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Turning the Tide in Afghanistan: A Discussion with Senator Joseph Lieberman

On January 30, Senator Joseph Lieberman (I-Conn.) delivered remarks on Afghanistan at the Brookings Institution in Washington, D.C. In his speech, Sen. Lieberman carefully articulated both the challenges that lay ahead and the means to overcome them. Sen. Lieberman laid out a number of surges necessary for success in Afghanistan - a surge in strategic coherence, a civilian surge, an Afghan surge, a regional surge and a political surge. In recognizing that the mission in Afghanistan will be difficult, Sen. Lieberman quoted General David Petraeus to stress that victory is possible: "Hard is not hopeless." A full transcript of his remarks is below.

SEN. LIEBERMAN: Thank you so much, Strobe, for that kind introduction. It is a pleasure to be back at the Brookings Institution, which has flourished under your leadership. Thank you also, Michael O'Hanlon, for moderating this afternoon's discussion, and for the discerning and thoughtful scholarship you have contributed to so many of our critical national debates. Nine days ago, Barack Obama became the 44th President of the United States, at a moment in history when our country faces unprecedented economic problems. But the world will not allow our new President or our country to concentrate solely on our domestic challenges. As the President said recently, we remain a nation at war, with multiple simultaneous crises confronting us abroad.

One of the most important challenges the Obama administration has inherited is Afghanistan, where every year, for several years, the security situation has worsened. The insurgents have grown in strength, size, and sophistication, and have expanded their influence over an increasing swath of territory, including provinces on the outskirts of Kabul that were until recently secure.

I visited Afghanistan twice last year, in January and again last month. During one of those visits, an official of our military coalition there tried to reassure me that, whenever the Taliban stands and fights, we defeat them. This may be true.

But as students of counterinsurgency know, it is also insufficient. The center of gravity of the fight in Afghanistan, as in Iraq, is not our ability to kill insurgents on the battlefield, but to provide sustained security for the population. By that measure, today, we are failing in Afghanistan.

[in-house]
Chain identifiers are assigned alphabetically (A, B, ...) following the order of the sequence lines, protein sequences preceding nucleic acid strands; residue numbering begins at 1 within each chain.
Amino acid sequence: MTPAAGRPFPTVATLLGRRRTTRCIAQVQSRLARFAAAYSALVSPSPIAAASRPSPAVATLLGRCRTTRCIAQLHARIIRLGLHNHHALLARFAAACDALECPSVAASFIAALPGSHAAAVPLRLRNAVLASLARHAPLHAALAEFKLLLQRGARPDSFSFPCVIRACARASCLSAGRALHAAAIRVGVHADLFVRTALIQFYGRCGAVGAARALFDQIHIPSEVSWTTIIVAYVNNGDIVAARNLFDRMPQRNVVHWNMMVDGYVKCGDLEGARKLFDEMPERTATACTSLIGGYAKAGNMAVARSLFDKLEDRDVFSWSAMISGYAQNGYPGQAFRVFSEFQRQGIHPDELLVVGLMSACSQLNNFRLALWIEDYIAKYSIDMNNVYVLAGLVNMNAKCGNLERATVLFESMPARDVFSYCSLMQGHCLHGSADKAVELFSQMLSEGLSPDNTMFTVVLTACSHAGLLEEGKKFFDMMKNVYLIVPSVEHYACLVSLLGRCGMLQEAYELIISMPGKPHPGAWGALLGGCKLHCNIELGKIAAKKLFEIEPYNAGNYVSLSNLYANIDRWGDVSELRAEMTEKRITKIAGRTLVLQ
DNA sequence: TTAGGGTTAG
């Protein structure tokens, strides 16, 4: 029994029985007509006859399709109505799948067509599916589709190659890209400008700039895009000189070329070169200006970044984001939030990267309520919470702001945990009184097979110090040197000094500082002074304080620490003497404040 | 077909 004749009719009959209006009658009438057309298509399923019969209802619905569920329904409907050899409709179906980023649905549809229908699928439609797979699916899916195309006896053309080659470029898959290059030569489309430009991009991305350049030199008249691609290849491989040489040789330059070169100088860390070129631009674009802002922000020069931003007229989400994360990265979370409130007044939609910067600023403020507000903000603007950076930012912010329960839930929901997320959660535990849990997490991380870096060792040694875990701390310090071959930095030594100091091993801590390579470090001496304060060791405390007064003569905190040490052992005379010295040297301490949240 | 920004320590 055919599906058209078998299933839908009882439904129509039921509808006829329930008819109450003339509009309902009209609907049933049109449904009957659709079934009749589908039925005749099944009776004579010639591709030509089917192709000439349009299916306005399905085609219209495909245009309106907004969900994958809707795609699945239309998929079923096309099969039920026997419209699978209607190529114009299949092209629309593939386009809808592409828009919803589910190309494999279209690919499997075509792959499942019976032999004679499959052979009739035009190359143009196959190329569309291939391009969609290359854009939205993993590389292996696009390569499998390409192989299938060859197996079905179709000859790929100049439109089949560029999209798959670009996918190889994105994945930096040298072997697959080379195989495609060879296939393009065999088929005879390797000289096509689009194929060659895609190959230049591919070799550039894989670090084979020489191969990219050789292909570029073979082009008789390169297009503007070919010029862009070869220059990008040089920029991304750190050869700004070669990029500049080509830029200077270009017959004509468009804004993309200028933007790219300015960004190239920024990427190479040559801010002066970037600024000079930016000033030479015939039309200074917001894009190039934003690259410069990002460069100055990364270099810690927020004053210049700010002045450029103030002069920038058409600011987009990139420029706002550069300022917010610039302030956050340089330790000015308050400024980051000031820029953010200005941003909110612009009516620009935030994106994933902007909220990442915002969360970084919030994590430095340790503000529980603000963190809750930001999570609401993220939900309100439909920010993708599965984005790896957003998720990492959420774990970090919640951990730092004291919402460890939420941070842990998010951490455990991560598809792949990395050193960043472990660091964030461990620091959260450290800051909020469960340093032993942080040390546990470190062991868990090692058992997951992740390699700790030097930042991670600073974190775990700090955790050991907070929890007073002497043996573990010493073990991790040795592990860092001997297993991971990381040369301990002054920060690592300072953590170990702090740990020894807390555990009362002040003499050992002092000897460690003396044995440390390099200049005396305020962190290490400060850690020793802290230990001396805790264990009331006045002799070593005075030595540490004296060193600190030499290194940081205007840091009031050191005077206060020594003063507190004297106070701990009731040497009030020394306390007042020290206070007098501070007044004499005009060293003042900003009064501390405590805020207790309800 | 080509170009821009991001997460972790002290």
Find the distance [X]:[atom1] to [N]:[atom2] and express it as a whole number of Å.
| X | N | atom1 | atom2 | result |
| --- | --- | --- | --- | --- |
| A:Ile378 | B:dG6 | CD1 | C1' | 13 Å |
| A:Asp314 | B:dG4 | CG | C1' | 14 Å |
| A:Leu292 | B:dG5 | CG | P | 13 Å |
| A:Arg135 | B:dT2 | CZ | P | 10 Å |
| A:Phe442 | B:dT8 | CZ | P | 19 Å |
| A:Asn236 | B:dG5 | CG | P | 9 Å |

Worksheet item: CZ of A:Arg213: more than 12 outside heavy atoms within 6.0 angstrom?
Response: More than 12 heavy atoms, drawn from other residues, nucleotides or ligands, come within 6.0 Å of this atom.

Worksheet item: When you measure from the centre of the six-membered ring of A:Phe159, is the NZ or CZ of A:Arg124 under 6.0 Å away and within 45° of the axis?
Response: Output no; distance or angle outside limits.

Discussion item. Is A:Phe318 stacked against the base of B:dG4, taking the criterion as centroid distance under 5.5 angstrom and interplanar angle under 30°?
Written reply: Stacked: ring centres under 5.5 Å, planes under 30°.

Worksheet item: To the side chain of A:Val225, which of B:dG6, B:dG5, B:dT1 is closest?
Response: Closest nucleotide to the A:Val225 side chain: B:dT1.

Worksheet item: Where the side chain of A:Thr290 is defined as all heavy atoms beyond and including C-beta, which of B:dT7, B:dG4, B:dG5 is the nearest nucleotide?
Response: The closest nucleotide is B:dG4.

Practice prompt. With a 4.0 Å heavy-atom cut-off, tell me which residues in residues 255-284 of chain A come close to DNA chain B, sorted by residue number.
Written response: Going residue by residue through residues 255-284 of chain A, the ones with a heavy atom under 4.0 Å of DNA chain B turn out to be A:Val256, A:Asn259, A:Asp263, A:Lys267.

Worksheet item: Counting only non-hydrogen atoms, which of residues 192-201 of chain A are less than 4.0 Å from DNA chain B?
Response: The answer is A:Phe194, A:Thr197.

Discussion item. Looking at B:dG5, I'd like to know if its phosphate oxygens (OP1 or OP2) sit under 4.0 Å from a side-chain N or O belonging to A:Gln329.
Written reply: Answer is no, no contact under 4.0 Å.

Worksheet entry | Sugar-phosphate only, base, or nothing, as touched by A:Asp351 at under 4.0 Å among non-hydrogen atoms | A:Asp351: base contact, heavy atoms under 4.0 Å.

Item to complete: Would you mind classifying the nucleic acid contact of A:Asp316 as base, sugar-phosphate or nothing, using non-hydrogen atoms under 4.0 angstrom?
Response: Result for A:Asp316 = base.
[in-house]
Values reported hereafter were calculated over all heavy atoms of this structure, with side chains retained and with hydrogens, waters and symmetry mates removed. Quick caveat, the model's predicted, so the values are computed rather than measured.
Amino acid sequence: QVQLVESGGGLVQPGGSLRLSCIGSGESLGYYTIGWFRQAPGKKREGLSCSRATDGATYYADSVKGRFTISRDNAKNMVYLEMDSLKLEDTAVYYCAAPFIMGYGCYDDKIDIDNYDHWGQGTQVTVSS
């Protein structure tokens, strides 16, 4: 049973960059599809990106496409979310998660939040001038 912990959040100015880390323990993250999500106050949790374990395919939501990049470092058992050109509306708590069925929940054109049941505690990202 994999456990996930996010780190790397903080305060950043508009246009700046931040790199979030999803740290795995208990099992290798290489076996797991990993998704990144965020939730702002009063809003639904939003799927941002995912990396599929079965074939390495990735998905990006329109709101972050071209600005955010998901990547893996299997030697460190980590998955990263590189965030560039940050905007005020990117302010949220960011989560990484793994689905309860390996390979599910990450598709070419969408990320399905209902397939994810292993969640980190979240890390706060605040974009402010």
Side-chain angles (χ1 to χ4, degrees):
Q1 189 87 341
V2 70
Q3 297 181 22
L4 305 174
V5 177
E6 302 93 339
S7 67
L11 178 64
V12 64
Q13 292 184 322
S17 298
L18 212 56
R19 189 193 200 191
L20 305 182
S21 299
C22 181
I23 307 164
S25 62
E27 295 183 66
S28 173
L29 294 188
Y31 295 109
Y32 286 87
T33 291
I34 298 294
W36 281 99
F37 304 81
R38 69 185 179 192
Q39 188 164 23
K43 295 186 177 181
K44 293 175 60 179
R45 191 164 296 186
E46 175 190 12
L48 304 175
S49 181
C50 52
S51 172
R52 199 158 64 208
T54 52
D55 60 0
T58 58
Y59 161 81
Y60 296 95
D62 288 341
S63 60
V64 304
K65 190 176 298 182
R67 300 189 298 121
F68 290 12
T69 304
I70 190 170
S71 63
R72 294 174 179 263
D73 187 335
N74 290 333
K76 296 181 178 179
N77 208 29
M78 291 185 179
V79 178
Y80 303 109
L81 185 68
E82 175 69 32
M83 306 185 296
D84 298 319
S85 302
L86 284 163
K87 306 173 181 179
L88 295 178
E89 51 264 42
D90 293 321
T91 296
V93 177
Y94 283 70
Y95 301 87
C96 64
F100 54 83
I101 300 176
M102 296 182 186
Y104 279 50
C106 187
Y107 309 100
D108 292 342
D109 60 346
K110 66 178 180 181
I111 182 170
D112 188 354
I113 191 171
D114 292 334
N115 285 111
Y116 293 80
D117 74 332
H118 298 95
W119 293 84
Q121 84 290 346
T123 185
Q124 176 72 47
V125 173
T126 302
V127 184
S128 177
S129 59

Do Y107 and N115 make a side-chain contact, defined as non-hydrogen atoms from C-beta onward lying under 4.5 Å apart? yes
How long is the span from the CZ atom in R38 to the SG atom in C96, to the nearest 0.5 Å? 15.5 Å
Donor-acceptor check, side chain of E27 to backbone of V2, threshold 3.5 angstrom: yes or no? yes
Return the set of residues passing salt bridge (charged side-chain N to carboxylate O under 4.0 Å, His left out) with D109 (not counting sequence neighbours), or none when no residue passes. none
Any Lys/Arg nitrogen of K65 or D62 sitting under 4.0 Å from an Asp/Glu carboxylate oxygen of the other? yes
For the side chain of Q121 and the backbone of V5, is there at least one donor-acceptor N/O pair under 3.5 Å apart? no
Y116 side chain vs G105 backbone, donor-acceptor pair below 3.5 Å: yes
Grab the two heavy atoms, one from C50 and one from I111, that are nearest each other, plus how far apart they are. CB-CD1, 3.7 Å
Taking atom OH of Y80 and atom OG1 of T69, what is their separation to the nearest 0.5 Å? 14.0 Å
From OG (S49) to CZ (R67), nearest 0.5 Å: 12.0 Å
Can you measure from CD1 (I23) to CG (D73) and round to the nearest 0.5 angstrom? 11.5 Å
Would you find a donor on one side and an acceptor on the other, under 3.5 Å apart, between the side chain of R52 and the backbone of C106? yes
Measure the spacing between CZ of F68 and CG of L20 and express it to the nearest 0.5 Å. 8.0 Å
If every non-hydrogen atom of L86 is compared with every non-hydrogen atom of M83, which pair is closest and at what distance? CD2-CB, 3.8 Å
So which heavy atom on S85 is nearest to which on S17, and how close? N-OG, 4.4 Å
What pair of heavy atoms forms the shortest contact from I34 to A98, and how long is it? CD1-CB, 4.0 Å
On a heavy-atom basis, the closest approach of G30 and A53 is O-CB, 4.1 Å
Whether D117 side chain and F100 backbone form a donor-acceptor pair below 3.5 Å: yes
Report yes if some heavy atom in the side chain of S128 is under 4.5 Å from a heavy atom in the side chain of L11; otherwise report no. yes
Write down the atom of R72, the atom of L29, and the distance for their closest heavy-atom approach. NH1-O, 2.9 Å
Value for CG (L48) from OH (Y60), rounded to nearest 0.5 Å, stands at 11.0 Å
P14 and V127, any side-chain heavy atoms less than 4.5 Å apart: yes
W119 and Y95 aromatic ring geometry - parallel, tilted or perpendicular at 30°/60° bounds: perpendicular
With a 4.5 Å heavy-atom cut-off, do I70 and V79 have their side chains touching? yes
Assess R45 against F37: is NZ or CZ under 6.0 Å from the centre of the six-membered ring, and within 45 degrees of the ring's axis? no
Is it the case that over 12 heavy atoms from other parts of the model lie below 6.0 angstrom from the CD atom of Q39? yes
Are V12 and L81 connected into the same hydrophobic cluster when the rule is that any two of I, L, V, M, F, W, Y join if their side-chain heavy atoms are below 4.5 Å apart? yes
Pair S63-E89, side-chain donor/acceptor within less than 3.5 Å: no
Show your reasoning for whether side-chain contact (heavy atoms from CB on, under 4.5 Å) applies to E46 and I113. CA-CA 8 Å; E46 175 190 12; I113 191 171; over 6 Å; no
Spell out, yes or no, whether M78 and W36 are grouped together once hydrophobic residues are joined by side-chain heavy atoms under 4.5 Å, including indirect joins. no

Reversing Afghanistan's slide into insecurity will not come quickly, easily, or cheaply. On the contrary, conditions are likely to get worse before they get better, and the path ahead will be long, costly, and hard.

But as General David Petraeus put it two years ago about another battlefield: "hard is not hopeless." In my remarks today, I want to speak, first, about why—despite the missteps and difficulties in Afghanistan—I am still confident we can turn the tide there; second, about how we can do so; and third, about why I believe we must do so.

Why We Can Win

Let me begin with a few reasons for my cautious confidence about our ability to ultimately prevail in this hard war.

The first is Iraq. Simply put, two years ago, we were losing there. Today, that situation has completely reversed. And although the gains we have achieved are not irreversible, and we need to be careful and responsible in the pace of our withdrawal, the success we have achieved in Iraq means that more forces will be available for Afghanistan—in particular, southern Afghanistan—and that our military will deploy from Iraq to Afghanistan with high morale, great experience, and real confidence.

Seven years ago, when we first went into Afghanistan, the American military was not built for the kind of fight we are in now. But through the crucible of war, it has transformed itself into the most capable counterinsurgency force in history. And although Iraq and Afghanistan are very different places, many of the same guiding principles and lessons of counterinsurgency do apply to both theaters—most importantly, the primary need to secure the civilian population.